Noted artist Dilara Begum Jolly is known for her works that highlight histories and events in which women’s plights have been pushed to the periphery, of not totally either forgotten. She simultaneously returns to the site of the female body to address issues of gender, trauma and social catastrophes.
In the current solo, at the at Quamrul Hassan Exhibition Hall of Bengal Shilpalay in Dhanmondi, the artist works through the theme of suffering of Biranganas during the liberation war in 1971.
‘Parables of the Womb’, which saw its start on February 4, witnesses a bold exploration of the photography medium. It was inaugurated by Norwegian ambassador to Bangladesh Sidsel Bleken.
Marina Tabassum director of of Academic Program at the Bengal Institute for Architecture and filmmaker Shammem Akhtar attended the programme as special guests.
‘Women have always been the primary victims of wars. During our liberation war, women were raped and tortured by Pakistani occupation forces. Many died and those who survived are known as biranganas. They had to live with the memories of torture and rape for the rest of their lives. I have tried to portray their sufferings through my artworks,’ said Dilara Begum Jolly.
The exhibition features a huge installation made out of light boxes, sanitary napkins, cotton and other materials.
Two short video clips and a documentary titled ‘Jatharlila’ are being screened at the venue.
‘Jatharlila’ is Dilara Begum Jolly’s first film. The 40-minute documentary is based on the narrations of late writer and birangana Roma Chowdhury.
‘I have spent almost six years with Rama Chowdhury. The documentary gives viewers a glimpse into harrowing experiences of women at the torture cells during 1971,’ said Dilara Begum Jolly in an emotion-chocked voice.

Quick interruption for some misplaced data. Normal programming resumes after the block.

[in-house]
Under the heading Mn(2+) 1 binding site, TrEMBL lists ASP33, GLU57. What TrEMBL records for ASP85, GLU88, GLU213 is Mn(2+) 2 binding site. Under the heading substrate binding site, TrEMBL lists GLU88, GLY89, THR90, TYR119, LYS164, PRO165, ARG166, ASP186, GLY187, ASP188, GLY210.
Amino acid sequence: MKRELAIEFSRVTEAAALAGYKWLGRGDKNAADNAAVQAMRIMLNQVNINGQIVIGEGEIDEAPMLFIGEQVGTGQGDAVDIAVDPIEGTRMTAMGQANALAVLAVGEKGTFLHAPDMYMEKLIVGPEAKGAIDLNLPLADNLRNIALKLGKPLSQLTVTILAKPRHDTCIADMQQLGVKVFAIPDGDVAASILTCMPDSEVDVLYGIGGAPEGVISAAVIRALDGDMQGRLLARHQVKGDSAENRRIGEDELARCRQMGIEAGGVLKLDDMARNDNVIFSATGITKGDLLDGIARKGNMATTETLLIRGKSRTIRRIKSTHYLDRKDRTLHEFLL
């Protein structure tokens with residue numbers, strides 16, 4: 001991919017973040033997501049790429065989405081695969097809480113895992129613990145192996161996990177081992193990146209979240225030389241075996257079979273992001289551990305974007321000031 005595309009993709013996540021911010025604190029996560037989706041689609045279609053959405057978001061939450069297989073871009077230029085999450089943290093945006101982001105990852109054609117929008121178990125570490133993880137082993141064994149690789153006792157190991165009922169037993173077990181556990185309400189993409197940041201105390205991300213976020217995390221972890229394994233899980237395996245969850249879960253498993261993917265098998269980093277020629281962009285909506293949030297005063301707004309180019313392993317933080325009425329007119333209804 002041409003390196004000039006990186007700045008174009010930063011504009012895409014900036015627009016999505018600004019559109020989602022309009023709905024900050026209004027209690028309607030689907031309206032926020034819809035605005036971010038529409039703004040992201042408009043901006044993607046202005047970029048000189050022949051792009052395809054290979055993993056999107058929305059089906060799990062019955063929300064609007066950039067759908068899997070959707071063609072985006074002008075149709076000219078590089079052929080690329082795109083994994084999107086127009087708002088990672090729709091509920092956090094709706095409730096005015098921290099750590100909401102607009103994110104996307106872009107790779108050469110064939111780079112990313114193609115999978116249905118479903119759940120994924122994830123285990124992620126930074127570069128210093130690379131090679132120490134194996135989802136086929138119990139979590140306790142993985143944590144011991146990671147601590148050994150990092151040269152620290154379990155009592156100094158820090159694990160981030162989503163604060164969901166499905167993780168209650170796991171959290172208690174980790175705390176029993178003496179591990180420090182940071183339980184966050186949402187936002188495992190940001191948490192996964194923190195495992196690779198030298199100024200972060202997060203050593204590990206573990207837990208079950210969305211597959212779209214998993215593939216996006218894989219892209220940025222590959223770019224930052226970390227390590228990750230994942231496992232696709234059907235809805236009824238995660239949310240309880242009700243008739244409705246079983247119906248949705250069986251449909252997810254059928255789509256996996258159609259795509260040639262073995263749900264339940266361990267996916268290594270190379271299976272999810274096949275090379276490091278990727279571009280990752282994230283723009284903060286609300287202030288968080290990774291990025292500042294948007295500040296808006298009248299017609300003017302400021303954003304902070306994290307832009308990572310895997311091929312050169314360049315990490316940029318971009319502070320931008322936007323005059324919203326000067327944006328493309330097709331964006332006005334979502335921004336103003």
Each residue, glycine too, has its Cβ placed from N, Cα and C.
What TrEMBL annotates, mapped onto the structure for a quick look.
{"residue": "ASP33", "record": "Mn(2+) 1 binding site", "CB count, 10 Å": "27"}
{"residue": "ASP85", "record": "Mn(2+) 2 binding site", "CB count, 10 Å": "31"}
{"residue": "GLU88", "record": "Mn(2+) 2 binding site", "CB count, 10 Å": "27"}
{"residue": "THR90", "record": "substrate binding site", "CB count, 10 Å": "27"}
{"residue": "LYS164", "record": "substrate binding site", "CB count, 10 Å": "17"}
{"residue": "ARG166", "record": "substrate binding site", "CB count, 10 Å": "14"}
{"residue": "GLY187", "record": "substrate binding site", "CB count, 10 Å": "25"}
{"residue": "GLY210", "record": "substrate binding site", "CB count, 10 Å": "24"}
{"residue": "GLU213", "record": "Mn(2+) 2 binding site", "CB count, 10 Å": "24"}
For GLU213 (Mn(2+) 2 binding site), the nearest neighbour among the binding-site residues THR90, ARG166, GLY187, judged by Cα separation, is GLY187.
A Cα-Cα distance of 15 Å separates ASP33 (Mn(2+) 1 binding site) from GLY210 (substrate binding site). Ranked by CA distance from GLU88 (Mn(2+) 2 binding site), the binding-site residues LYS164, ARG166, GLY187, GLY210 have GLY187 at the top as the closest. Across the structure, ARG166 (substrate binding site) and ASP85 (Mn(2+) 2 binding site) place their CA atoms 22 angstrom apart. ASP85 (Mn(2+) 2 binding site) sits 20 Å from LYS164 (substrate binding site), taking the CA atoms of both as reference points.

The installation also includes different torture devices including electric chair, branks and others. Besides, she has portrayed forced abortions through a delivery table which she covered with pink sanitary napkins. Womb has been a recurring theme in Dilara Begum’s work, here it is used as a symbol of trauma and loss.
‘The sanitary napkins depict the uterus or the womb. During wars, Pakistan army raped women so that they could spread their genes through the war children. They did it to destroy the future of a nation. We should not forget the sacrifices of the biranganas, who had to sustain torture at the hands of the Pakistani occupation forces during the war,’ said Dilara Begum.
Dilama Begum is displaying 19 photographs of portraitures of biranganas in specially-made light boxes propped up on metal stands. Intensely pricked by needles to depict their pain, they are of a visual quality that can easily be linked to a deep sense trauma.
Dilara Begum Jolly emerged as a painter and printmaker in the 1980s and was member of the group Shomoy. Over the last ten or so years, she gradually veered into multidisciplinary practice that allowed her explore any chosen themes through various forms of performance, photography and even film.
Born in 1960 in Chattogram, she studied painting and printmaking from Government Arts College, Chattogram. She completed her masters in painting at the Institute of Fine Arts, University of Dhaka, in 1984. In 1991, she received a scholarship from the Indian government and completed a post-diploma in printmaking from Santiniketan.
The exhibition is open every day, from 2:00pm to 8:00pm, till March 28.
Want stories like this in your inbox?
Sign up to exclusive daily email
More Stories from Exhibition